While the total mass of a binary neutron star (BNS) system can be reasonably well constrained based on the gravitational-wave (GW) signal measured by ground-based interferometers such as LIGO and Virgo, the same does not hold for the mass ratio of the two constituent stars. A large source of this uncertainty is the spin of the merging neutron stars (NS), whose effect on the inspiral GW signal is highly degenerate with that of mass ratio.
This new work by JETSET presents the first study of BNS mergers with high mass-ratios and extreme spins and attempts to quantify the impact of spin on multi-messenger gravitational wave events. For example, this scenario might correspond to a BNS system where the primary was spun up by accretion from a common envelope companion.
By performing a large set of numerical simulations based on fully general-relativistic hydrodynamics with two different realistic equations of state, the authors highlighted for the first time the effect of a spinning primary on the properties of the remnant object of a binary merger and of the material ejected by the system. In particular, it was shown that:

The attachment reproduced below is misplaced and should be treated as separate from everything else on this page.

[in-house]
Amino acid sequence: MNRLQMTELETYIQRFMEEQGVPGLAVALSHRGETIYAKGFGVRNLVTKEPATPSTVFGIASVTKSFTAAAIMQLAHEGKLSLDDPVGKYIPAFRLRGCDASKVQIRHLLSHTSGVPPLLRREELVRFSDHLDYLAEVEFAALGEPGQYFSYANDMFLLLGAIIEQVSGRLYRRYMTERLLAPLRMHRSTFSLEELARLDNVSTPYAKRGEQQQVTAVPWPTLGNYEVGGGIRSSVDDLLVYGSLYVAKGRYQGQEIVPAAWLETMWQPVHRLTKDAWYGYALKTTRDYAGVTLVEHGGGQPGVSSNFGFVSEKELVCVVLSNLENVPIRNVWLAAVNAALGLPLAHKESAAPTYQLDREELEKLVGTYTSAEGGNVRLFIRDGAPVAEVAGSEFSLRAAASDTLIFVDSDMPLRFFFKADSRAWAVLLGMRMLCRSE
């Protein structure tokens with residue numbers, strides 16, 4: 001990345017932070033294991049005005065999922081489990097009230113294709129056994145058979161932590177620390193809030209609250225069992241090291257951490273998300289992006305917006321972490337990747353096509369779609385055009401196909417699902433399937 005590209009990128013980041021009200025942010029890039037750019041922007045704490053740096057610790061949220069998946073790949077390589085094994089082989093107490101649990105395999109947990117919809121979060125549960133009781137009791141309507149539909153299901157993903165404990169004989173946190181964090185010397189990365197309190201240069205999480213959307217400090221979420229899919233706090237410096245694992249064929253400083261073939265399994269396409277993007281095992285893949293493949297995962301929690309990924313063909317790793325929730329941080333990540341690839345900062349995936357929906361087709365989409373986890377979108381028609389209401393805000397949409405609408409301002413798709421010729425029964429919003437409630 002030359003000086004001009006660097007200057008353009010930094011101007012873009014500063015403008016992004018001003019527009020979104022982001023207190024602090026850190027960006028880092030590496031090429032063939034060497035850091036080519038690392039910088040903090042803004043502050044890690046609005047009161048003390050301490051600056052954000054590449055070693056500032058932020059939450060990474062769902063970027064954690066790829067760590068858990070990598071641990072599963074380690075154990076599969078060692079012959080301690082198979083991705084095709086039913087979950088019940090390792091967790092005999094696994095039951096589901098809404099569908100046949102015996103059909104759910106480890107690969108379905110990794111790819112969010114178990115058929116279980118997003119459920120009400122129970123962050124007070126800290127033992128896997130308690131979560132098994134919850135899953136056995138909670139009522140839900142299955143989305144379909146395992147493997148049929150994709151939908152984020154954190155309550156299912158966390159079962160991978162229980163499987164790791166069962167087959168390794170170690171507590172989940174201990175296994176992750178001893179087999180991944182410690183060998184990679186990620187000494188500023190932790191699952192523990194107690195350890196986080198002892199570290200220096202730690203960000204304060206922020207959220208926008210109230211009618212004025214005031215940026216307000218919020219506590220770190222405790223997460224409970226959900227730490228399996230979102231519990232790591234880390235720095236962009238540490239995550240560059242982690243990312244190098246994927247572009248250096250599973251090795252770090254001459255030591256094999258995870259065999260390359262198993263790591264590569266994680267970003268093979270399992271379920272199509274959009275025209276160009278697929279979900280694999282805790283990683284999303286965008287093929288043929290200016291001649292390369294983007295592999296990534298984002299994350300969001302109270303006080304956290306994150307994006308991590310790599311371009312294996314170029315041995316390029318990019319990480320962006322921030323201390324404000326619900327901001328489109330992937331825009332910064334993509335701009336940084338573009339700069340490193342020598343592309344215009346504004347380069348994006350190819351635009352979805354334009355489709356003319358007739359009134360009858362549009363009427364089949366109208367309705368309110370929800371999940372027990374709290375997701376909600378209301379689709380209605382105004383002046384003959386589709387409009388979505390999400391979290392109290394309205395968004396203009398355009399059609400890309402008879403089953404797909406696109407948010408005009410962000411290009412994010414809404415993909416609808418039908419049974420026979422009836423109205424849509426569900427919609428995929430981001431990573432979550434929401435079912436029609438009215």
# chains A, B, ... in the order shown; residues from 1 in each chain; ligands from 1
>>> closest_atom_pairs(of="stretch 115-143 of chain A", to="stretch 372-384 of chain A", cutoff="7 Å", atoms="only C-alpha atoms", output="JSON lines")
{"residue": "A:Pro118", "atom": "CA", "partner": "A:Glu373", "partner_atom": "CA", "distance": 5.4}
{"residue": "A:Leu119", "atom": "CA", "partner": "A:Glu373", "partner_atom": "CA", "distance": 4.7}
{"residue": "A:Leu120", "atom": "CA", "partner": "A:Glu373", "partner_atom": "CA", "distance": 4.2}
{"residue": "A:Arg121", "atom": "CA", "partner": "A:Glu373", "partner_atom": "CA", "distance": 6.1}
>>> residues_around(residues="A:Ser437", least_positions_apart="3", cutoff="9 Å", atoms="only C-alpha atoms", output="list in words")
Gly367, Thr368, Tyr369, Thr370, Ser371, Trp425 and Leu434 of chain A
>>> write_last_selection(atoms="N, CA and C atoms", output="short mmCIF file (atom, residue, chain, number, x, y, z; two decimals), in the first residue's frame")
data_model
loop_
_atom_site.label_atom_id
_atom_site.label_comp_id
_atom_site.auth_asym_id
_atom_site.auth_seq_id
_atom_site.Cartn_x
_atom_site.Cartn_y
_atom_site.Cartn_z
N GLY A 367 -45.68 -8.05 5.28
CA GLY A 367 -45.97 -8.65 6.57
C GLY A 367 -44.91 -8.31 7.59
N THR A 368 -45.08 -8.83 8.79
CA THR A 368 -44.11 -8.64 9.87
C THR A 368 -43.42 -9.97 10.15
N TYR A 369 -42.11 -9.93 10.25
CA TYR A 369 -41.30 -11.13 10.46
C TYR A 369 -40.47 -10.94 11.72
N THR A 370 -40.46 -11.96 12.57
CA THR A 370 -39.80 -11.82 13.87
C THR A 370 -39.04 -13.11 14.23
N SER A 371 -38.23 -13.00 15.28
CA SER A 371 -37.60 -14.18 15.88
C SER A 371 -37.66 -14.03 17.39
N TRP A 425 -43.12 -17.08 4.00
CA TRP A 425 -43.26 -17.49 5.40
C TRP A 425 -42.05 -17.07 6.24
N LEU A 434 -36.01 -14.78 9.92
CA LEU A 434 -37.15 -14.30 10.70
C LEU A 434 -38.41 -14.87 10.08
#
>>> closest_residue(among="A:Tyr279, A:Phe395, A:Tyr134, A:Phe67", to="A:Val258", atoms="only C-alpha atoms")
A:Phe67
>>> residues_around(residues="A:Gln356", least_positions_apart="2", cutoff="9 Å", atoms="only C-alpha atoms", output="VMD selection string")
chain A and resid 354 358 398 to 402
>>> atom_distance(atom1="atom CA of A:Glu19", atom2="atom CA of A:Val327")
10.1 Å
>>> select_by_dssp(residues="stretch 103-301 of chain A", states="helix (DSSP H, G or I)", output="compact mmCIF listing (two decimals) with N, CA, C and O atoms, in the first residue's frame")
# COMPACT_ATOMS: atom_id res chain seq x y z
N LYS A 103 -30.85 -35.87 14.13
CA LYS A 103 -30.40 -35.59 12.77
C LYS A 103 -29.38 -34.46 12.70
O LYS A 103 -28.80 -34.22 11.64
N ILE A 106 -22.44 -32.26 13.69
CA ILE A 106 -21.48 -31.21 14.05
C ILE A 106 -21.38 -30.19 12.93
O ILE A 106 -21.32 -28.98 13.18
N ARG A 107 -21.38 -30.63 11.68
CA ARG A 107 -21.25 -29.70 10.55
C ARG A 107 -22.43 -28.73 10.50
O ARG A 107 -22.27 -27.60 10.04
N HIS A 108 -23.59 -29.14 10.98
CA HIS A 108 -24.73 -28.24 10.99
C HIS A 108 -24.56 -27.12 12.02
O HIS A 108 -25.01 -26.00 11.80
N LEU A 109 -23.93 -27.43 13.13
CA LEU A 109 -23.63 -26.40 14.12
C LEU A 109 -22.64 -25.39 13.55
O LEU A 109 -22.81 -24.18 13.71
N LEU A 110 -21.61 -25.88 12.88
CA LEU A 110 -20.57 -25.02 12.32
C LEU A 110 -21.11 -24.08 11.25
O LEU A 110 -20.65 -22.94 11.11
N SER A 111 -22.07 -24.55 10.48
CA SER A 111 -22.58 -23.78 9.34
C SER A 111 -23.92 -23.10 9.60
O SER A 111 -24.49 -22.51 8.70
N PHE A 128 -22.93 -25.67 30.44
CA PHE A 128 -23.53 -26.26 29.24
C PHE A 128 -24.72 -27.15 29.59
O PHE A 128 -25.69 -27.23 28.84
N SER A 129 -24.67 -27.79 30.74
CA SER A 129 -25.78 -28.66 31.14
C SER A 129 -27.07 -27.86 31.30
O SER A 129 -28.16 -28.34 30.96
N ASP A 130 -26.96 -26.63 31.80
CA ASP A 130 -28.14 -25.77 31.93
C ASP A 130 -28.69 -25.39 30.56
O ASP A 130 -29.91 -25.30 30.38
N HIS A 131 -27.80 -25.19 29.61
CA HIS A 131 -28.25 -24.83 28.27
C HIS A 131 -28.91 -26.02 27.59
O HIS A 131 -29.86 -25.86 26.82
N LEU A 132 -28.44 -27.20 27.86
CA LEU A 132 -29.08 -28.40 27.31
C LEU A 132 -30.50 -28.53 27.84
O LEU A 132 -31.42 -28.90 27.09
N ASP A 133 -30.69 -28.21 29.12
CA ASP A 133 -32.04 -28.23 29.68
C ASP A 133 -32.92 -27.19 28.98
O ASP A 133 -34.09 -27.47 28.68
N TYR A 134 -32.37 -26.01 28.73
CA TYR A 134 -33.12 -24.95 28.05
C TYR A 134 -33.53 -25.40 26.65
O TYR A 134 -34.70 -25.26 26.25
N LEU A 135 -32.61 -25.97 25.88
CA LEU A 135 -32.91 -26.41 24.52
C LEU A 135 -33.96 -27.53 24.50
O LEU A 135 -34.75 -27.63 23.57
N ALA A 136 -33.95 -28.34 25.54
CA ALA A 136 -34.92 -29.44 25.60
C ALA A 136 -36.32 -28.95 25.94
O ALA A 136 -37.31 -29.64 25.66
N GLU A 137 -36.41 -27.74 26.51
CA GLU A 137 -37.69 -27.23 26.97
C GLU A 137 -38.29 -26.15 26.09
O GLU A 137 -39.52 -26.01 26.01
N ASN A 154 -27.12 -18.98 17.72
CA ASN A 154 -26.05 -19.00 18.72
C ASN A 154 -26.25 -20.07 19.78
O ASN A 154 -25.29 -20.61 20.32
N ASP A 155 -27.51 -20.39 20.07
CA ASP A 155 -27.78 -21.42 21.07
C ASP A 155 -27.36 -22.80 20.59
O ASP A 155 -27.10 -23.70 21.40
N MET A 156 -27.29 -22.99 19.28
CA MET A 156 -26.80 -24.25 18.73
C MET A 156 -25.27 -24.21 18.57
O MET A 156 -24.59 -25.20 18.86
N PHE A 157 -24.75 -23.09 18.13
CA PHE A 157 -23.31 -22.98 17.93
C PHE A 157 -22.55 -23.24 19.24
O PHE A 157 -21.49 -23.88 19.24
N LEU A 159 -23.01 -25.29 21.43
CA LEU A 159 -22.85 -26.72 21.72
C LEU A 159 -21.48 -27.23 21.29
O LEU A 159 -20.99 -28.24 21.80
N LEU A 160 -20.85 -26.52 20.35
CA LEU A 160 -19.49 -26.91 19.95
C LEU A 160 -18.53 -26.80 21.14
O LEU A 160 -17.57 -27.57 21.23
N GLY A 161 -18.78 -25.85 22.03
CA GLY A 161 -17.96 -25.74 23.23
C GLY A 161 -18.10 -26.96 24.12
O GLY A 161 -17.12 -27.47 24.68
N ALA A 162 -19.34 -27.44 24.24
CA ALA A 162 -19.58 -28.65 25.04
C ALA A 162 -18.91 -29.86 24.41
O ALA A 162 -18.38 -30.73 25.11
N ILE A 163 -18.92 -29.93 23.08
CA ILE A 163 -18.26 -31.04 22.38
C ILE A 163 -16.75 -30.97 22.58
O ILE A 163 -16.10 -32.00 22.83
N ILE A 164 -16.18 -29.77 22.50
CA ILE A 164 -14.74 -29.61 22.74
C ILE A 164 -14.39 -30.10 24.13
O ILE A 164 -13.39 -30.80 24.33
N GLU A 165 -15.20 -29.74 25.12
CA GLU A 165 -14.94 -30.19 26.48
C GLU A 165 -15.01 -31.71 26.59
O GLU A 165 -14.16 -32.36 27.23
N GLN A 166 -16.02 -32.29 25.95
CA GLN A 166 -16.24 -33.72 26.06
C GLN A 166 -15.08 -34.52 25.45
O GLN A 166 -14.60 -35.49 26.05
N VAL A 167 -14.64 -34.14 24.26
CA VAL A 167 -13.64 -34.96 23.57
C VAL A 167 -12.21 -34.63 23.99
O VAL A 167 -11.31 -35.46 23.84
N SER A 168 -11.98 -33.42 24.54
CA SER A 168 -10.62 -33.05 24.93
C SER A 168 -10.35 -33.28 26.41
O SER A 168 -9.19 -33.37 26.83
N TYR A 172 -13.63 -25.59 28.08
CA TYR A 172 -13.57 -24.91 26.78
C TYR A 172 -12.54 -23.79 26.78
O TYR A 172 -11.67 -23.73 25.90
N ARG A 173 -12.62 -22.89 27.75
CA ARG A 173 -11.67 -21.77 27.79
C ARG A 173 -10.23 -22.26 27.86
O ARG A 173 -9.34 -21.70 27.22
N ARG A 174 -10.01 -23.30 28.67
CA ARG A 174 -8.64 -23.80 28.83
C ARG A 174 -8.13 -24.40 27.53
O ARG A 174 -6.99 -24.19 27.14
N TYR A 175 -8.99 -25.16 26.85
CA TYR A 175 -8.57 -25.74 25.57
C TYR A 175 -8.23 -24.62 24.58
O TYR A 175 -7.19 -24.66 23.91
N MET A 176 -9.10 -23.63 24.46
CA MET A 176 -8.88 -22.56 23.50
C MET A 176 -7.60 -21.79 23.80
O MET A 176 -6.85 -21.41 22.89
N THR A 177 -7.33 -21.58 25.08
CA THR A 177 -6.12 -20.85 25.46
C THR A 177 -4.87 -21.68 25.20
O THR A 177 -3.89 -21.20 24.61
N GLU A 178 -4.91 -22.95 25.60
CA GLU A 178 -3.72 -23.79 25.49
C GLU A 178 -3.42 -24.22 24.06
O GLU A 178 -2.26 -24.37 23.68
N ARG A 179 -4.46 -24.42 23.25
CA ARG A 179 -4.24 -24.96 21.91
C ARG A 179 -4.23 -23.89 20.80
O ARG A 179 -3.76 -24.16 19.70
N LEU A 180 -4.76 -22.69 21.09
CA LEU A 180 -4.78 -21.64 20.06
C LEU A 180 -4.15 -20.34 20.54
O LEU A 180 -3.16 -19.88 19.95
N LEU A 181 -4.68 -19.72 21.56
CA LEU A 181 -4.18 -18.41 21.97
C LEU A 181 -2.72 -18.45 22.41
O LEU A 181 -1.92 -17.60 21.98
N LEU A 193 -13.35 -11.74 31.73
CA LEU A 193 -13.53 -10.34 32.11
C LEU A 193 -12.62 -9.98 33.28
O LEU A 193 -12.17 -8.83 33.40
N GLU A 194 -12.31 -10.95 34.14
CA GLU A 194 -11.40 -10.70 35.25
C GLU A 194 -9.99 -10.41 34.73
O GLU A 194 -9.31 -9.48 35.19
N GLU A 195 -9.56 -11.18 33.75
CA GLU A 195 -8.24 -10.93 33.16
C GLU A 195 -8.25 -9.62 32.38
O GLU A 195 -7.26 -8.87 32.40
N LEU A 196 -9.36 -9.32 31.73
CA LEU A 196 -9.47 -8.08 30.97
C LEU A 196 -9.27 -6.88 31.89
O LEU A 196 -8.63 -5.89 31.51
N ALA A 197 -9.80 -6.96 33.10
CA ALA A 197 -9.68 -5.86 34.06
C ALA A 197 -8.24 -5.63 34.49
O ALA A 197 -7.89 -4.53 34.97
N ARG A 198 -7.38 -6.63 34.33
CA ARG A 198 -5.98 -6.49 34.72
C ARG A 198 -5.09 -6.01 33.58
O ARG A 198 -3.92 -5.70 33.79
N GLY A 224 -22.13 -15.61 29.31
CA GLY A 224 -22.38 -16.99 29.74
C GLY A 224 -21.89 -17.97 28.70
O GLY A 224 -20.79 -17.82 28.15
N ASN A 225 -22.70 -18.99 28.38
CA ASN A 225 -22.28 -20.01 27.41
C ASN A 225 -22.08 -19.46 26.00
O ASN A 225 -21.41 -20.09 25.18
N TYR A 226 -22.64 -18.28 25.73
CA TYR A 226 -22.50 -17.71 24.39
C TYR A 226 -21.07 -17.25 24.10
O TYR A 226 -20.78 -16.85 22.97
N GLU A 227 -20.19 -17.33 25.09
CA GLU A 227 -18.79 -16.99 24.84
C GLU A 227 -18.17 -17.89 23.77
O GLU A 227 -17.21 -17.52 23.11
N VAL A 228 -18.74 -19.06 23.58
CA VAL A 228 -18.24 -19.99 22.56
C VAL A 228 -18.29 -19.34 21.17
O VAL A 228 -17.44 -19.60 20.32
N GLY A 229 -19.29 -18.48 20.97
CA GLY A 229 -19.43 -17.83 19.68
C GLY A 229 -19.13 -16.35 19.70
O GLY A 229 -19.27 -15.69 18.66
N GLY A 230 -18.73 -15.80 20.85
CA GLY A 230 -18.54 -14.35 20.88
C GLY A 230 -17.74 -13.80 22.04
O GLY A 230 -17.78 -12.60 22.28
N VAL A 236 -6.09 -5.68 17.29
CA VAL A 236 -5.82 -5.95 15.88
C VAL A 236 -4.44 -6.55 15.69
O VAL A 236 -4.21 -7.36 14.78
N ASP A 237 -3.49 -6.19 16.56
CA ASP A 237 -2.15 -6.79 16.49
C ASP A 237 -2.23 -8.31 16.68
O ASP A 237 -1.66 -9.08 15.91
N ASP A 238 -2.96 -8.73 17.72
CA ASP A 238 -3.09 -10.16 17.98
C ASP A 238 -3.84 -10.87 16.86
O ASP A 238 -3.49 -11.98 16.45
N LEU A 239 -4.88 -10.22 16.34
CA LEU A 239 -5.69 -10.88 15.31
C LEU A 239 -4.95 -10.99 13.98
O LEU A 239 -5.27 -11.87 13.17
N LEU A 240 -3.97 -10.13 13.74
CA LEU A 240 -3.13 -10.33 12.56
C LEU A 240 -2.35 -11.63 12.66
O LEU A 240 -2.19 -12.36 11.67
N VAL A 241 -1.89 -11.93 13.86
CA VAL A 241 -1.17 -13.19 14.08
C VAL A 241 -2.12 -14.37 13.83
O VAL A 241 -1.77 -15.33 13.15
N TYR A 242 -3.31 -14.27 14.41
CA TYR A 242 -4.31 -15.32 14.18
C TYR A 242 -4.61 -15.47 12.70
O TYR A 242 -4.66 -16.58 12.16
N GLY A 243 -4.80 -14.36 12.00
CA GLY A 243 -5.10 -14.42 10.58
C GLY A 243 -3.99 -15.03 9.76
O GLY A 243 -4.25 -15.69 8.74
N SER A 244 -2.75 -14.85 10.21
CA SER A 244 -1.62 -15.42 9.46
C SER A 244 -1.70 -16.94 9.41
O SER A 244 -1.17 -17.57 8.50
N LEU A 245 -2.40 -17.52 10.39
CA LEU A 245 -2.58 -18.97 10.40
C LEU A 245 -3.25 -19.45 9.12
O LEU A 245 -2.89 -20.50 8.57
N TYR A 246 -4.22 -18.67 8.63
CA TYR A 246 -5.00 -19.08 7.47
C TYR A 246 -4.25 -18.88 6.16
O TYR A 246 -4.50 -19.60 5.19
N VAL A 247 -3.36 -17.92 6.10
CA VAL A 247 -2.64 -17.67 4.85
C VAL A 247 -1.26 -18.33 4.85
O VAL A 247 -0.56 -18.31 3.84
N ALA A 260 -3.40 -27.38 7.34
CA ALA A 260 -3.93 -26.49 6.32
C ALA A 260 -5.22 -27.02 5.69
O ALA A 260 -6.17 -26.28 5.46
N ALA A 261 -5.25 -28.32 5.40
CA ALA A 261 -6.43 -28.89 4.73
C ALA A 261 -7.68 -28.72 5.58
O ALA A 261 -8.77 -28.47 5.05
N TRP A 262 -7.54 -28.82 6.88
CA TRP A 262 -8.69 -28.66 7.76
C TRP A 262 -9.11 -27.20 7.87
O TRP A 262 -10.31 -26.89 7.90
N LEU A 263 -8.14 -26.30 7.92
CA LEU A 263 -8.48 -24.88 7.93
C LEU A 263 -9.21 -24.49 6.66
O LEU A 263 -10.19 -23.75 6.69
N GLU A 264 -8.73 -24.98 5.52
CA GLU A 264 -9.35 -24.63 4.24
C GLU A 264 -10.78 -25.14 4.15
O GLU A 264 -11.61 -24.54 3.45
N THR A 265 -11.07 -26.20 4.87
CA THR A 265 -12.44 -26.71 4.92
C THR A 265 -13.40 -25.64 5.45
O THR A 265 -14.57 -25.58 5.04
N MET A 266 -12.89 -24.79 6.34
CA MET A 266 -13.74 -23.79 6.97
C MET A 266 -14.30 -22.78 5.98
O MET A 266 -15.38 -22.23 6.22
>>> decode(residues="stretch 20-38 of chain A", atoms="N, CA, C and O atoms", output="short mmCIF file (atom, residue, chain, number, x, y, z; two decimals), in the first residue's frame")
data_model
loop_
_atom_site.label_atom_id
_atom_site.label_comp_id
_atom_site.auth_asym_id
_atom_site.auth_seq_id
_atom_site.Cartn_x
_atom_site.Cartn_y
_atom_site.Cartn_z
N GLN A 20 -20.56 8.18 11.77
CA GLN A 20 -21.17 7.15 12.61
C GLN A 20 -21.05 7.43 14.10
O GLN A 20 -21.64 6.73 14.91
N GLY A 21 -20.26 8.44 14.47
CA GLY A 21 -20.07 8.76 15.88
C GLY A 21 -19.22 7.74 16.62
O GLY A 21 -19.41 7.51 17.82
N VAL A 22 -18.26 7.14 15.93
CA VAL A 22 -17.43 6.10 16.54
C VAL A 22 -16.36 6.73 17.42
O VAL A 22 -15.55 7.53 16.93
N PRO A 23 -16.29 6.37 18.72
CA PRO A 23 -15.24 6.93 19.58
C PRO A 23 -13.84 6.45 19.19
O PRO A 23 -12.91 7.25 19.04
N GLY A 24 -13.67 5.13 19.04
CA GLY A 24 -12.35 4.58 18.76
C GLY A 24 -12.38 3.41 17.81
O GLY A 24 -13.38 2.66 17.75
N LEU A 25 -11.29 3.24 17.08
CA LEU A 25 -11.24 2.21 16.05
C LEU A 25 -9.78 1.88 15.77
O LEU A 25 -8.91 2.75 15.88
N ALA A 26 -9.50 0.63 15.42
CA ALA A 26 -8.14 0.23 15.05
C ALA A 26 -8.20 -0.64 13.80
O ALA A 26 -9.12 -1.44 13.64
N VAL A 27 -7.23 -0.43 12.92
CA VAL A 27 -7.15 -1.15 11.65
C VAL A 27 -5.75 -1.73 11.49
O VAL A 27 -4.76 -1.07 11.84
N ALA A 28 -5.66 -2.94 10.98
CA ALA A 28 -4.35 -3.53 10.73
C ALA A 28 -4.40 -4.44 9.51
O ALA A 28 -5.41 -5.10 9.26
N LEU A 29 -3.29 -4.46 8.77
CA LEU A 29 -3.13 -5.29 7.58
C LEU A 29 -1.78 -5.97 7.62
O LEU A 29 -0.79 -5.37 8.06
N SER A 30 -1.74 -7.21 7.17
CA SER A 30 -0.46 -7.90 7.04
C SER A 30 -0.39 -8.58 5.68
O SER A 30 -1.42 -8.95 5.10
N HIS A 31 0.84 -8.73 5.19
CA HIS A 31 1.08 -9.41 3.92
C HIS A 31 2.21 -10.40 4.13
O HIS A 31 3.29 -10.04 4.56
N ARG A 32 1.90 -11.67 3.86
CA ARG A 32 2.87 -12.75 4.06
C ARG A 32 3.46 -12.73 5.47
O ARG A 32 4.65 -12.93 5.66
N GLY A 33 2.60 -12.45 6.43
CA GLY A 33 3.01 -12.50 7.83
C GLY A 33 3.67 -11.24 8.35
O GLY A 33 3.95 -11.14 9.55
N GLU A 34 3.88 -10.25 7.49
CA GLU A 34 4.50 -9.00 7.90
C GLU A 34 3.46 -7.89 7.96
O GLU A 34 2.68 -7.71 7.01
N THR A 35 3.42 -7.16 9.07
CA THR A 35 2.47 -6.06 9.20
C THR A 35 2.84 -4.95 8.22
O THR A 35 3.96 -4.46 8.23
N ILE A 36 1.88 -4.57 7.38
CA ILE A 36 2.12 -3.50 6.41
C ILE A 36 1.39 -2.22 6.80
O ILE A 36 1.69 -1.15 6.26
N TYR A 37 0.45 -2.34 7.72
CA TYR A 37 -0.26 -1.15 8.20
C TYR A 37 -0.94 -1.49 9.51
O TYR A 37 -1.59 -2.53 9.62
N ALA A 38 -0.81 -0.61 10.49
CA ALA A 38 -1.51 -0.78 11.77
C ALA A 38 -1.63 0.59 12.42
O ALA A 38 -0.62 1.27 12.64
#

- Mass asymmetry favors a longer lifetime of the remnant hypermassive NS, delaying the formation of a black hole;
- The mass of the accretion disk surrounding the central remnant and of the material that gets ejected dynamically at merger seems to increase when the mass ratio is close to one and the primary is highly spinning.
Based on these conclusions, the authors also found a correlation between the kilonova peak time and luminosity and the spin and mass ratio property of the progenitor BNS system.